• 29 April 2020
  • 6 min read

What does the Government's 2020 recruitment campaign to create 110,000 social care jobs mean?

  • Matt Farrah
    Nurses.co.uk Co-Founder
"With such a big hill to climb, how does the government plan on filling all these roles?"

With a rapidly ageing populace, the UK Government are attempting to keep up with the demand for social care workers with the ‘Every Day is Different’ campaign. Here we explain what that means for you.

Topics covered in this article

Introduction

Boosting the industry reputation

Is the problem recruitment, or retention?

Is pay the only problem?

Light at the end of the tunnel?

Where next for social care recruitment?

Introduction

The government’s campaign to fill 110,000 social care vacancies throughout the UK began in February 2020.

It comes in reaction to the fact that a predicted 650,000 extra social care workers will be needed by 2035 to keep up with the increasing proportion of the UK population that’s over 65.

Known as the ‘Every Day is Different’ campaign, it celebrates the fact that 96% of social care workers feel that their work makes a difference.

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But with such a big hill to climb, how does the government plan on filling all these roles?

What are the timescales?

And how realistic is this ambition?

Boosting the industry reputation

The government’s stated strategy is threefold.

It intends to attract new people with the right values to the sector; to highlight the wide range of roles available; and to equip the sector with the marketing tools it needs to attract and retain great staff.

The main marketing channels are social media, digital and local radio, and various events throughout the year.

It’s targeting people aged between 20 and 39 as research suggests this is the demographic most likely to consider the role.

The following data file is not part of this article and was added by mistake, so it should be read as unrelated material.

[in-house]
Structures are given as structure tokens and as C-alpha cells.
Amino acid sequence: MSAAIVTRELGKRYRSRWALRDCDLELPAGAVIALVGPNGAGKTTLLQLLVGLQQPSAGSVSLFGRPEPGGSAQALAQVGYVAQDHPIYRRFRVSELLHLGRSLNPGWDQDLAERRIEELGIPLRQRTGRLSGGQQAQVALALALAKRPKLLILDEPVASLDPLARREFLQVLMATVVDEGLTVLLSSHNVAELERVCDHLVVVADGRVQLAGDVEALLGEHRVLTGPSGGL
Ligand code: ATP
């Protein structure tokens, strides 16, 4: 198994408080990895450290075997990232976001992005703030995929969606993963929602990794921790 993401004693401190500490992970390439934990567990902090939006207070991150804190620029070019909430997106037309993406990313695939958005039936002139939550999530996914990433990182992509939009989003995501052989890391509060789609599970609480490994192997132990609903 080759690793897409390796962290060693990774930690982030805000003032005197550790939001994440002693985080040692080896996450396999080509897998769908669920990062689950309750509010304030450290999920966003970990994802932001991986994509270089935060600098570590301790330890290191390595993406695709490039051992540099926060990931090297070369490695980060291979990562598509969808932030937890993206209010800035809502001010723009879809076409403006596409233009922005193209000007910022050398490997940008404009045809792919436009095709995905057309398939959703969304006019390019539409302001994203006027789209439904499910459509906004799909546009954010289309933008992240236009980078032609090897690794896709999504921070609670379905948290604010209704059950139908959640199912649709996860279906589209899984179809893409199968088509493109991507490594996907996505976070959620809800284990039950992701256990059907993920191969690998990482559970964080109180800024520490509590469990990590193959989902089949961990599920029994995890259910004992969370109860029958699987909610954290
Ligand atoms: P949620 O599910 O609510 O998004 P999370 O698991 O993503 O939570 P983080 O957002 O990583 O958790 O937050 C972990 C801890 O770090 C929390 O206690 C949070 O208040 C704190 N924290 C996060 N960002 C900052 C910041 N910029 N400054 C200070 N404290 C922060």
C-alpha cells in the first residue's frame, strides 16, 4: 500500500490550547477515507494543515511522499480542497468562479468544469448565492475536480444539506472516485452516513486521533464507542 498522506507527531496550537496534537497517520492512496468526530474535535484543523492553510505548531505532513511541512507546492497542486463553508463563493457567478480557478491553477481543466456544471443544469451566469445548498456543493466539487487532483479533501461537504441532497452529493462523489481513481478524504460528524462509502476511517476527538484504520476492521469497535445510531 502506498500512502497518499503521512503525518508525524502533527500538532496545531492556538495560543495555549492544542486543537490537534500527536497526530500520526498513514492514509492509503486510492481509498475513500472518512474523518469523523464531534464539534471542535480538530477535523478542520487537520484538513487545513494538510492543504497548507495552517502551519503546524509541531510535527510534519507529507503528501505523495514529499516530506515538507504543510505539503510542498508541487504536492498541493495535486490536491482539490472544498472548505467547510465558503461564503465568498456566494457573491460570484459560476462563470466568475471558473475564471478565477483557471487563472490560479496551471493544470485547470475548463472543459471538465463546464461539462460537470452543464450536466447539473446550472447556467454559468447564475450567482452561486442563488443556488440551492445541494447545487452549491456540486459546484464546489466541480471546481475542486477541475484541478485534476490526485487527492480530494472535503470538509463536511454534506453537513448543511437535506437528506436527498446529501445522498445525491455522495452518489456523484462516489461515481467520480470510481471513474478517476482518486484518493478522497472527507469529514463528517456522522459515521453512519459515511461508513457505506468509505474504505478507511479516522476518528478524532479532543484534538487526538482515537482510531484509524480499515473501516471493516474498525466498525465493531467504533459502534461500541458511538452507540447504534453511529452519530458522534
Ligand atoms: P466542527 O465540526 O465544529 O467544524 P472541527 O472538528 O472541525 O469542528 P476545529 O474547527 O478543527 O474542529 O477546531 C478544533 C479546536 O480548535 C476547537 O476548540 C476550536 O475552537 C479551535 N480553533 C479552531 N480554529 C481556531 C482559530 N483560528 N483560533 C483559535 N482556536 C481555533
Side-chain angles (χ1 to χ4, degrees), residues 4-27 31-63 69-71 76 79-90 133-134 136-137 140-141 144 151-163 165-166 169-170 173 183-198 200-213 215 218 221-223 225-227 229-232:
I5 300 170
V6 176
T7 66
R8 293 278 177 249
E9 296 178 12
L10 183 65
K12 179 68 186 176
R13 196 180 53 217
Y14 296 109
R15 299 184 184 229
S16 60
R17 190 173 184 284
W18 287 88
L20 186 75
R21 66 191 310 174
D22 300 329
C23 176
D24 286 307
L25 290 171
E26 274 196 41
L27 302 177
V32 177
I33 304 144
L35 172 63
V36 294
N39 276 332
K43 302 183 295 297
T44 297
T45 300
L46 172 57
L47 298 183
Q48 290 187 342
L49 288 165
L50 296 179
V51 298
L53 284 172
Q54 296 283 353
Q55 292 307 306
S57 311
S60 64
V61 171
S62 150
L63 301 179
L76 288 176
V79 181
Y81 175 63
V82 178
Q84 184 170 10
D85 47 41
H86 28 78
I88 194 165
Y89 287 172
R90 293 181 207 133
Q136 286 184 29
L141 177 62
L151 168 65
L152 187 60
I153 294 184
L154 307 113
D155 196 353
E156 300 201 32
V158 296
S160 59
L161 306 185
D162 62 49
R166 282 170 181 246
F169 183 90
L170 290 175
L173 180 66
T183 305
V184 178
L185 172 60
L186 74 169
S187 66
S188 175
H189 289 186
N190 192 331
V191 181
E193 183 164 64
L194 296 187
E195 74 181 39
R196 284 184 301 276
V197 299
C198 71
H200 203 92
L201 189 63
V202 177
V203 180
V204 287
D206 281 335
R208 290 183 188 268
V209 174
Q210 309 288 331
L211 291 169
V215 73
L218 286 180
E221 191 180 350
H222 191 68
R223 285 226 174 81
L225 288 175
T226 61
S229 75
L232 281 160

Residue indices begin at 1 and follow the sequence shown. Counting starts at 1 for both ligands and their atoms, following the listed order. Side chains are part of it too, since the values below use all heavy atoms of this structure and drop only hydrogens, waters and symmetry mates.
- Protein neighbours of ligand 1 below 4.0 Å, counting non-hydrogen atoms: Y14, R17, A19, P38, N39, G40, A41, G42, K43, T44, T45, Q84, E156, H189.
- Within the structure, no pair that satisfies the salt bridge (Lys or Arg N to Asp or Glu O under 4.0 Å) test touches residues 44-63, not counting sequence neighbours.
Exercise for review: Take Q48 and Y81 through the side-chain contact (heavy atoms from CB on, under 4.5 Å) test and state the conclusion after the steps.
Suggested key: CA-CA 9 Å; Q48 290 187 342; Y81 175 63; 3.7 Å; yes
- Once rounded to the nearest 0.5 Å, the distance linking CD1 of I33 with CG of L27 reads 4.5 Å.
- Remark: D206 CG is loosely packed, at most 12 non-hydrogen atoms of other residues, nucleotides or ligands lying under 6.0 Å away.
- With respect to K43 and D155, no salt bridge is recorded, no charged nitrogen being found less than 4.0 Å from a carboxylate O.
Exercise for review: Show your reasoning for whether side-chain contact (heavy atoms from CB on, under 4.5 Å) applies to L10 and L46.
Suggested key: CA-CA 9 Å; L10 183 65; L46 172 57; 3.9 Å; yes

The COVID-19 crisis has of course impacted these plans – but it hasn’t diminished the need for more social care staff.

In fact, what it is highlighting is the pressing need for more numbers of qualified staff to support an ageing population.

Social care workers are on the frontline too.

Is the problem recruitment, or retention?

It’s been widely reported that around 400,000 people leave the profession each year – and the workforce currently stands at approximately 1.45 million.

So a big question has to be asked: should the focus be on recruitment, or retention?

Because a turnover rate of more than 30% is unsustainable.

The answer almost certainly is both.

And it’s unclear whether this campaign will attempt to address both issues.

In 2018, the typical hourly rate for a health care worker in the independent sector was just £7.82 per hour – which was fractionally below the minimum wage.

Any campaign to attract and retain social care workers has to target this problem over any other.

Because, to put it simply, you can’t attract professionals without a professional wage.

Is pay the only problem?

It’s fair to assume that the notoriously low salaries available for social care workers is a key factor behind the consistent failure to attract and retain enough staff.

But it isn’t fair to assume it’s the only problem.

With a vacancy rate of around 8% in social care, compared to an average of 3% in other sectors, there have to be other challenges too.

The problem for the government however is that social care work is largely independently and unregulated run by private employers, so collecting and sharing staff data has always been a problem.